SPENCER MICHELS: The political fallout over the CIA hijack alert continues to mushroom. At a fund-raiser last night, Vice President Cheney responded to Congressional Democrats who had criticized the Administration for not reacting to the CIA Warning to President Bush in August that al-Qaida might be planning a hijack operation.
DICK CHENEY: What I want to say to my Democratic friends in the Congress is they need to be very cautious not to seek political advantage by making incendiary suggestions as were made by some today that the White House had advance information that would have prevented the tragic attacks of 9/11. (Applause) Such commentary is thoroughly irresponsible and totally unworthy of national leaders in a time of war.
SPENCER MICHELS: This morning on the "CBS Early Show," House Minority Leader Dick Gephardt was asked if critics in the Democratic camp were behaving irresponsibly.
REP. RICHARD GEPHARDT: We have a duty and a responsibility to keep the American people safe. Obviously that didn't happen on September the 11th. We've got to do better in the future. And with this information, finding out what happened at the CIA, at the FBI, in the White House, maybe we can do a better job in the future.
SPENCER MICHELS: At the center of the political and media storm is a series of clues that arose in the spring and summer of 2001. In April and May, U.S. Intelligence reported growing threats from Osama bin Laden's terrorist network.
The FAA issued the first of four general security alerts about the danger of hijackings. On July 5, the coordinator for counter terrorism at the National Security Council told dozens of federal agency officials, "something really spectacular is going to happen here soon."
In the same month, an FBI counter terrorism agent in Phoenix sent a memo to FBI headquarters warning that Islamic militants were trying to gain access to U.S. flight schools. On August 6, President Bush received a classified CIA Briefing that bin Laden's network might try to hijack U.S. planes.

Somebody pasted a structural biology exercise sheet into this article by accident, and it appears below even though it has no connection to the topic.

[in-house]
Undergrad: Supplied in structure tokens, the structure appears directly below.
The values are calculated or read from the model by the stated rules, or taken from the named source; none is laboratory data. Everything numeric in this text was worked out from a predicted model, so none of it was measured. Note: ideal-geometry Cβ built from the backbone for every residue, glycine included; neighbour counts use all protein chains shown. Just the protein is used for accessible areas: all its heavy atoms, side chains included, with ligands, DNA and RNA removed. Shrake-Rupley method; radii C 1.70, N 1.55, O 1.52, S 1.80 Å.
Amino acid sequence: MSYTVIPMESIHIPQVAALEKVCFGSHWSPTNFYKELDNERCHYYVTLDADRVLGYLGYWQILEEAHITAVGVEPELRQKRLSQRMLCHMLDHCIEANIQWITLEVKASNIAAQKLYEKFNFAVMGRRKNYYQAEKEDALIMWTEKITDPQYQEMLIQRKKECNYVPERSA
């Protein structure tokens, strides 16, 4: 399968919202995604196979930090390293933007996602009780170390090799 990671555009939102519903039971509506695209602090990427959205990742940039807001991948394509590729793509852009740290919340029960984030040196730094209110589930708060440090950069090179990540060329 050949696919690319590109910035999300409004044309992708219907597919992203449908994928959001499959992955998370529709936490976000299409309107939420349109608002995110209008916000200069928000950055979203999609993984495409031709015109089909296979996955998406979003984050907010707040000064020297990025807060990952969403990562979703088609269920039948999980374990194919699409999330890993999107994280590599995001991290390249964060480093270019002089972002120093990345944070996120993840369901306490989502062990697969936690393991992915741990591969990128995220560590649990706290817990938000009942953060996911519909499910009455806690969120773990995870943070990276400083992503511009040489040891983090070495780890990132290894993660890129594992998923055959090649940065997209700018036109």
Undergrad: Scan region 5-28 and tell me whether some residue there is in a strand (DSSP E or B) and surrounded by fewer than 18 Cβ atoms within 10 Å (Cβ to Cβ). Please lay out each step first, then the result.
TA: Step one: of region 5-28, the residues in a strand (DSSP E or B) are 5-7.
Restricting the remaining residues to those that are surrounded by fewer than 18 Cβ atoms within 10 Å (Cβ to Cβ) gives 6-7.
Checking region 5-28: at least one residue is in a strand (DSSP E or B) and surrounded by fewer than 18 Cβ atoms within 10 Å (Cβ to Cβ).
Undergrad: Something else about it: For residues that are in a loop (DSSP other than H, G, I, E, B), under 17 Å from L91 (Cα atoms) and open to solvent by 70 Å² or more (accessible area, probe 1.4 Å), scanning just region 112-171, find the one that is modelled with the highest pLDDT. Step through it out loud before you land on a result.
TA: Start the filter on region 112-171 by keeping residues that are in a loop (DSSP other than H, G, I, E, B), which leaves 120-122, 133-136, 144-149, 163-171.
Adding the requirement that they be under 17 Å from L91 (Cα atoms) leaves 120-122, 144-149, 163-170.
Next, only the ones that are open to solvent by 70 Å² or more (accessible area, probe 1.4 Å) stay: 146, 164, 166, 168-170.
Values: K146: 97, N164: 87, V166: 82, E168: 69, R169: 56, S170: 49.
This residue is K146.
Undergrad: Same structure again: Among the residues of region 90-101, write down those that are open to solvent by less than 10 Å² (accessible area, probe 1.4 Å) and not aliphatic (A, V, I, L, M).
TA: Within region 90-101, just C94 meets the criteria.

Nine days later, Zacarias Moussaoui was arrested in Minnesota after raising suspicion at a flight school. At the White House today, Press Secretary Ari Fleischer fielded questions for an hour. Fleischer was asked about a 1999 Library of Congress report prepared for the National Intelligence Council.
REPORTER: There's a very clear sentence here, where it talks about al-Qaida's retaliation to cruise missile attacks against training camps in Afghanistan, and says, "suicide bombers belonging to al-Qaida's martyrdom battalion could crash-land in aircraft packed with high explosives into the pentagon, CIA Headquarters, or the White House."
ARI FLEISCHER: This document was described... it is not a piece of intelligence information suggesting that we have information about a specific plan or that they are going to. It describes... the title of report, if I recall, is "the psychology and the sociology of terrorists."
REPORTER: This is pre-9/11 material. Nobody, either in the President's CIA briefings or in a principal committee, said, "you know what? These lunatics have talked about flying planes into buildings."
ARI FLEISCHER: This report from 1999 about the thinking, the psychology of terrorism; was available in 1999 to members of Congress, the previous administration. It existed in some form, which did not come to the attention of this administration when we took office on January 20.
SPENCER MICHELS: Asked about the President's mood, Fleischer said Mr. Bush understood that second- guessing is second nature to a lot of politicians.